Small Area Disability Demographics

Goto ProximityOne   People with disabilities bring unique sets of skills to the workplace, enhancing the strength and diversity of the U.S. labor market. They make up a significant market of consumers, representing more than $200 billion in discretionary spending and creating technological innovation and entrepreneurship. People with disabilities also often rely on various government interventions to maintain their participation in the community. Demographic data about people with disabilities help stakeholders better understand needs and make more informed decisions relating to a wide range of topics concerning people with disabilities.

New Disability Demographics
Disability demographics from the American Community Survey (ACS) have been available for cities, counties and larger areas with population over 65,000 for a few years. New as of December 2013, are ACS 2012 5-year (ACS0812) disability demographics available for all cities, school districts, counties and geographies down to the census tract level — and ZIP code area. Disability demographics are often “masked” when analyzed for larger population areas. Masked, not in the sense of suppressed data, but that concentrations that might be identified at the census tract level may become less prominent when viewed in the aggregate of county or higher level geographies. This section reviews disability-related ACS0812 data available for these small area geographies and how they can be used to facilitate decision-making.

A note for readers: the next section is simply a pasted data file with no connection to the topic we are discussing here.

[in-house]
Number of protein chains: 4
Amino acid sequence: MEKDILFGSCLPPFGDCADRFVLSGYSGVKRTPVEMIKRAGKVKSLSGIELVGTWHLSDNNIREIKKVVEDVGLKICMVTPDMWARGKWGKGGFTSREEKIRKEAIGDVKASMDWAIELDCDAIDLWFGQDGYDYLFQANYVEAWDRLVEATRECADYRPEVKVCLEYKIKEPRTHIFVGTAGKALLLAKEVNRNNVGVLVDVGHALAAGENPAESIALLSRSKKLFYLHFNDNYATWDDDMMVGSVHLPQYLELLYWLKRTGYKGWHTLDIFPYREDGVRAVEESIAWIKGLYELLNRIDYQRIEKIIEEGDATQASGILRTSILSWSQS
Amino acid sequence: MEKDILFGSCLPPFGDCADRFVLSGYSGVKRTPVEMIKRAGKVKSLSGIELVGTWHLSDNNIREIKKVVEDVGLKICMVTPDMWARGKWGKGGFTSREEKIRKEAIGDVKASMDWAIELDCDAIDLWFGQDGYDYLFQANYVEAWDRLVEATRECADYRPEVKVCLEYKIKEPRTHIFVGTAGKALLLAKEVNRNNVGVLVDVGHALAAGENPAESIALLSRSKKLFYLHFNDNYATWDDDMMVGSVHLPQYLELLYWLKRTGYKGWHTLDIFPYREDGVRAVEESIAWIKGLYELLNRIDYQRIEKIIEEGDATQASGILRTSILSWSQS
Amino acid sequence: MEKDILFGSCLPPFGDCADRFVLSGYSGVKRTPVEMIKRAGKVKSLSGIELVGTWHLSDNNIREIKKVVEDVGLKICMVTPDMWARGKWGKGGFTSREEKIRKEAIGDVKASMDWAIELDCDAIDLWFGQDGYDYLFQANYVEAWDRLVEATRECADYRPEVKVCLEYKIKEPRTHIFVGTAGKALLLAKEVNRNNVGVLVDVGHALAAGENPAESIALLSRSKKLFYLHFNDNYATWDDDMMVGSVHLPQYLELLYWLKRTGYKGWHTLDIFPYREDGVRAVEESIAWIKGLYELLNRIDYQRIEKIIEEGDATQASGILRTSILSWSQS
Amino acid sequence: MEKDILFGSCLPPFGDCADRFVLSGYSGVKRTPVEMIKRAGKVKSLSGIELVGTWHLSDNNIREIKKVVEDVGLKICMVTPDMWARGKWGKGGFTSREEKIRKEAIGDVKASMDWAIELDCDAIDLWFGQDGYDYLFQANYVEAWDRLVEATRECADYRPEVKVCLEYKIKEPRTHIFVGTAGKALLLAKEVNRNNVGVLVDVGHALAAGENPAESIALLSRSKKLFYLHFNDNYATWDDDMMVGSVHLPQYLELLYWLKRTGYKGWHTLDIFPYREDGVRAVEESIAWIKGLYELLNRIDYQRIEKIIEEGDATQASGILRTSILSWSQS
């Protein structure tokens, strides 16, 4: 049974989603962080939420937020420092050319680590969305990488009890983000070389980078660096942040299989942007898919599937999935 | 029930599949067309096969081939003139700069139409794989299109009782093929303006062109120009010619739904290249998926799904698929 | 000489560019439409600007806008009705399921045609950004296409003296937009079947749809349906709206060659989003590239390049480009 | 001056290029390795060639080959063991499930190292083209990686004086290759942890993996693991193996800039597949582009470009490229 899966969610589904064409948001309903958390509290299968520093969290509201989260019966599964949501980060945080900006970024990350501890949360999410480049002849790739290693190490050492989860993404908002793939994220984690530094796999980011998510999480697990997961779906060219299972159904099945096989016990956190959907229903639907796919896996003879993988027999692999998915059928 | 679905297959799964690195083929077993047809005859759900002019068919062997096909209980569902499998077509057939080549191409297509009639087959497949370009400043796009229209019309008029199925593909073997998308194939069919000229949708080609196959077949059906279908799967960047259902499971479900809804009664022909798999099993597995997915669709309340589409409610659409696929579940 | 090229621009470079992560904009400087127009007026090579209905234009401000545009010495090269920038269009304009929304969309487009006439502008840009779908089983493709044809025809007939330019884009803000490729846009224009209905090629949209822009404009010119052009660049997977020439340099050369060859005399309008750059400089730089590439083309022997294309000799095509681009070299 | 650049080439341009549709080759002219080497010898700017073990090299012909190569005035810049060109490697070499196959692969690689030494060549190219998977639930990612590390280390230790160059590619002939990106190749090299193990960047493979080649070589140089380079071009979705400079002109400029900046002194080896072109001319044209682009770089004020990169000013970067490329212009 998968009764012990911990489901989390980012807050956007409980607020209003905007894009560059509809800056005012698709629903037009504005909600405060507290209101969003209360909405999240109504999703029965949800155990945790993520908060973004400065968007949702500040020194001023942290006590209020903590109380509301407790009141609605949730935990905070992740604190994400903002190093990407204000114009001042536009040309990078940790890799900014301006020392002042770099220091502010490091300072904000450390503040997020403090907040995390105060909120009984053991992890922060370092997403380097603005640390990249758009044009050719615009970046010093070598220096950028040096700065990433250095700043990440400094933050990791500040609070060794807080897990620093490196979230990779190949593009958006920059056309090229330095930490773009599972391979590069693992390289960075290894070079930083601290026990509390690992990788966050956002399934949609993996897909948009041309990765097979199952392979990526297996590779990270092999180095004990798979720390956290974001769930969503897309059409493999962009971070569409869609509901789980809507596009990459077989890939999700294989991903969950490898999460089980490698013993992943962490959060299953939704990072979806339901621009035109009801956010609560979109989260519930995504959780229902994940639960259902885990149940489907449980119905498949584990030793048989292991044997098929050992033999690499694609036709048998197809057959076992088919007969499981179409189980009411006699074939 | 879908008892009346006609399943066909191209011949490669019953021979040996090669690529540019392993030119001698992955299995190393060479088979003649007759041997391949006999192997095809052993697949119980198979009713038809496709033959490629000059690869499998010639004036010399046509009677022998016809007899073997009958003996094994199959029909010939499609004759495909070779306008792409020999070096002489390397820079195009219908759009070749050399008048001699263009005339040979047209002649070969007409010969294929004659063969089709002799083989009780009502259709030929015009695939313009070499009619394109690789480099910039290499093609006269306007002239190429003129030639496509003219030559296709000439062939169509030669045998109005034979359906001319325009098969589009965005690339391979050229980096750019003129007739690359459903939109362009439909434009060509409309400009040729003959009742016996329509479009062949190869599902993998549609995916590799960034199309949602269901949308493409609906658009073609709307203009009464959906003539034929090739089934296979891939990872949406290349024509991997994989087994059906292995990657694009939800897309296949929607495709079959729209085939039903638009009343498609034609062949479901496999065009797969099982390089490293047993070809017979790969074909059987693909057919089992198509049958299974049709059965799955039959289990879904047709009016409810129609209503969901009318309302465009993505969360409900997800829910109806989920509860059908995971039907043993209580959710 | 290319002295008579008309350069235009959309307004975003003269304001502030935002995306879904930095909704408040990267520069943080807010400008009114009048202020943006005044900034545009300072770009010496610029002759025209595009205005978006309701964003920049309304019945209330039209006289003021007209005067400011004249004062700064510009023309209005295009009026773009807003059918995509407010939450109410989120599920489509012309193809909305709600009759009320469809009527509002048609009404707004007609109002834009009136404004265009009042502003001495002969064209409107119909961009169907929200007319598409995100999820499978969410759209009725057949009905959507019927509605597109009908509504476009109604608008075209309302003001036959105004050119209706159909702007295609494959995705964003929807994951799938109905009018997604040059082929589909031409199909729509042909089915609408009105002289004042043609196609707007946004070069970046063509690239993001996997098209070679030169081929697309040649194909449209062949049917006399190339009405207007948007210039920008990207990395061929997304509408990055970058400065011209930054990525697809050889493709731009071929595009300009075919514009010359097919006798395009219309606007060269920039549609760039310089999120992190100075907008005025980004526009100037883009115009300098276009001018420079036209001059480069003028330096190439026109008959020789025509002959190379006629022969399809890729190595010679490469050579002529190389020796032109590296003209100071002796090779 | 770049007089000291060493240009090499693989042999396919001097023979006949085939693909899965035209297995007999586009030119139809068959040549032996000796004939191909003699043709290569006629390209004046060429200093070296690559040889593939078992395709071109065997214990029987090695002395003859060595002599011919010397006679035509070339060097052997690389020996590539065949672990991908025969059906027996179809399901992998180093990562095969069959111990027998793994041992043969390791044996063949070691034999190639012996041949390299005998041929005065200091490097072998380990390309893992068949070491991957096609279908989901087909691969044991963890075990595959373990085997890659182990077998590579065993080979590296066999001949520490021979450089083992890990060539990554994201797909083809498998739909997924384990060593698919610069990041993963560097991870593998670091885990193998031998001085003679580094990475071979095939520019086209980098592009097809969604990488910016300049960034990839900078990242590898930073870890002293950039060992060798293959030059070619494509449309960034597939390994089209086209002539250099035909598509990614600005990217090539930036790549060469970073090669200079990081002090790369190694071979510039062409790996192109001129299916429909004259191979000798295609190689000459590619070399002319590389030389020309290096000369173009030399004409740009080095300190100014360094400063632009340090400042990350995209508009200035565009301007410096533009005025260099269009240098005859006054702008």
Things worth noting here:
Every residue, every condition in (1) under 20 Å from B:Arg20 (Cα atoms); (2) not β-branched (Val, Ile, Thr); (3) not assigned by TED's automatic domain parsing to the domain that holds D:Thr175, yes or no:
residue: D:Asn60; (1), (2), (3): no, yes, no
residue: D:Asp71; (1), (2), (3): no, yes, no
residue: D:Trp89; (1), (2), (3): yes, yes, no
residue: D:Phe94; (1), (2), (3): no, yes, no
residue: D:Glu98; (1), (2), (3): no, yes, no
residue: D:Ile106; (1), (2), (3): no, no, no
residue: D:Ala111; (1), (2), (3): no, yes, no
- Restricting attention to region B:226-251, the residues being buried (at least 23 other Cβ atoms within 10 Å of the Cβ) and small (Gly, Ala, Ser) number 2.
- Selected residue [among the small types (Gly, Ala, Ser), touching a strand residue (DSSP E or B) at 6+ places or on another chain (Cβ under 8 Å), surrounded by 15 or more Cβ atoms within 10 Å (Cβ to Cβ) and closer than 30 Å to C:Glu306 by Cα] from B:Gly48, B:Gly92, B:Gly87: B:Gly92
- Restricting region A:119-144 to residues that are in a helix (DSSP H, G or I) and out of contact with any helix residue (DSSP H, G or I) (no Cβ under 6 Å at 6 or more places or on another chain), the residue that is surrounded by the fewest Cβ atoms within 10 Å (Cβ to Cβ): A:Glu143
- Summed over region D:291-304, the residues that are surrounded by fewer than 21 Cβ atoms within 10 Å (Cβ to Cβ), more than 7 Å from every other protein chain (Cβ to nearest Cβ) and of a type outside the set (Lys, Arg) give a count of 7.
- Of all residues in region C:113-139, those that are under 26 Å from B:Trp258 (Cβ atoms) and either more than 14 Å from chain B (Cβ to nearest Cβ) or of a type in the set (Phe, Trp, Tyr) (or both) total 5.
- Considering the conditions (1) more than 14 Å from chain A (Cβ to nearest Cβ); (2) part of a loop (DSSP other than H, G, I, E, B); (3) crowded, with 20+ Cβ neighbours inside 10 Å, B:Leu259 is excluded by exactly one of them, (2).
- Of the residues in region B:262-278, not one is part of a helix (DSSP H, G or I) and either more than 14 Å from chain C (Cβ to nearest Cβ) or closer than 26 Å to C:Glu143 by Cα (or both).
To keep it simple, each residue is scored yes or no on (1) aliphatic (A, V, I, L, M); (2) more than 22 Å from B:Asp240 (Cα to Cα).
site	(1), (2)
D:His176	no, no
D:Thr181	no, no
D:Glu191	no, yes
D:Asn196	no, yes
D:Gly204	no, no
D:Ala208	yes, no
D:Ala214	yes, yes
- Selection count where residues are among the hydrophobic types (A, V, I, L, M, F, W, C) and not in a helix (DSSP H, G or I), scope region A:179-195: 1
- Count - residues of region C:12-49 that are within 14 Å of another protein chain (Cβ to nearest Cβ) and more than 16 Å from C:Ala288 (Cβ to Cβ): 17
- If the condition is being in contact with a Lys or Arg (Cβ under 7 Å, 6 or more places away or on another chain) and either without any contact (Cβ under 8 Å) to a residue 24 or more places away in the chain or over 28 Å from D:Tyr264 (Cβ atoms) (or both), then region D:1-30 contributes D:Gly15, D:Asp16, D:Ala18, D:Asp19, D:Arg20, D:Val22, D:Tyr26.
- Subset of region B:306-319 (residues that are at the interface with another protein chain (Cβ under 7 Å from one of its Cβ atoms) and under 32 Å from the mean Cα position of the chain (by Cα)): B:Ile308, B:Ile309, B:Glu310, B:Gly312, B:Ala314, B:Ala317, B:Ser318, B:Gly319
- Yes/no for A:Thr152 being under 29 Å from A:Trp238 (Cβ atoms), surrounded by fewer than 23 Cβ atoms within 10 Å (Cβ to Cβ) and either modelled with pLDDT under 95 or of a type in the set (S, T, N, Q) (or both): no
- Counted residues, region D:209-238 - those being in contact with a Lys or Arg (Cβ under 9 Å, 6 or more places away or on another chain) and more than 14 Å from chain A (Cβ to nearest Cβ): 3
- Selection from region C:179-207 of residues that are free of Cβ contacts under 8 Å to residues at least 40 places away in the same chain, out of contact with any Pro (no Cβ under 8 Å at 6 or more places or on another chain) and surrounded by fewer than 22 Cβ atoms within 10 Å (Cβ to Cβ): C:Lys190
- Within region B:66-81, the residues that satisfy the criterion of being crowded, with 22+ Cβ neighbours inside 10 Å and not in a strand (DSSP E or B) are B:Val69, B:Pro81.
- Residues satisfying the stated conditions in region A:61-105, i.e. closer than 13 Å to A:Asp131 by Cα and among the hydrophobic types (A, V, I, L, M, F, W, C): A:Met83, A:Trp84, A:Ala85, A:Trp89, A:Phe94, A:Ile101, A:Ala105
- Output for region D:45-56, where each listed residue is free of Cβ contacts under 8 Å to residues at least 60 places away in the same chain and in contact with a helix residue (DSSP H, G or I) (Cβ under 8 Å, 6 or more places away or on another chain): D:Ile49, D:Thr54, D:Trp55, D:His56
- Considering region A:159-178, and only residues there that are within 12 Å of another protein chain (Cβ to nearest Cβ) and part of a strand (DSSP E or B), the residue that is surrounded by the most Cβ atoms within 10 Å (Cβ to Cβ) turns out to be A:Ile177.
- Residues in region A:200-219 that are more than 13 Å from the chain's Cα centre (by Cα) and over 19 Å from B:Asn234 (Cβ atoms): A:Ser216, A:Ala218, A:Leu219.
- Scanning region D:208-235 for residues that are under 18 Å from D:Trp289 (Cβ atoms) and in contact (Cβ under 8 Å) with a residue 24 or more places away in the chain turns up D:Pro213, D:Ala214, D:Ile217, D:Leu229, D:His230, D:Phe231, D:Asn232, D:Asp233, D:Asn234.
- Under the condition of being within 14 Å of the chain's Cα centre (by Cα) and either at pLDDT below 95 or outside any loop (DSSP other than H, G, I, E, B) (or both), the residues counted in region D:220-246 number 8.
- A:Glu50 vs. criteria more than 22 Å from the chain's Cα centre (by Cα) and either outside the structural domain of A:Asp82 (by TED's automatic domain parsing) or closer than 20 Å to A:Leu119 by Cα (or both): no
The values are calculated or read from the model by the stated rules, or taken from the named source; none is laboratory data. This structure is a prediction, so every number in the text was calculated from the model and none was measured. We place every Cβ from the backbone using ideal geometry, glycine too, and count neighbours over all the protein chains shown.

Disability Concepts
Subject matter categories about people with disabilities from ACS generally involve limitations with vision, hearing, cognitive, ambulatory, self-care or independent living difficulty.

• Vision — blindness or serious difficulty seeing even when wearing glasses
• Hearing — deafness or serious difficulty hearing
• Cognitive — difficulty concentrating, remembering or making decisions
• Ambulatory — serious difficulty walking or climbing stairs
• Self-care — difficulty bathing or dressing
• Independent living — difficulty going outside to shop or visit a doctor’s office

Visual Analysis of Disability Patterns by Census Tract
The following view shows the population ages 5-17 years with disabilities (ACS0812 estimates) by census tract for Harris County, Texas (Houston area). The inset legend shows color patterns associated with data from Table B18101 (see below).
The above view was developed using the CV XE GIS software with a GIS project. The GIS project includes a county by census tract layer with Table B18101 (see below) integrated subject matter. This particular view shows patterns of the sum of items B18101007 (males age 5-17 years with disability) and B18101026 (females age 5-17 years with disability). View all items in this table by opening excel file B18101 in the section below. Members of the ProximityOne User Group may download and use this project to develop similar views on their computer. Add other geographies to the view such as school districts or cities. Add your own data from any source. Join the User Group now, no fee.

Disability Subject Matter Data/Tables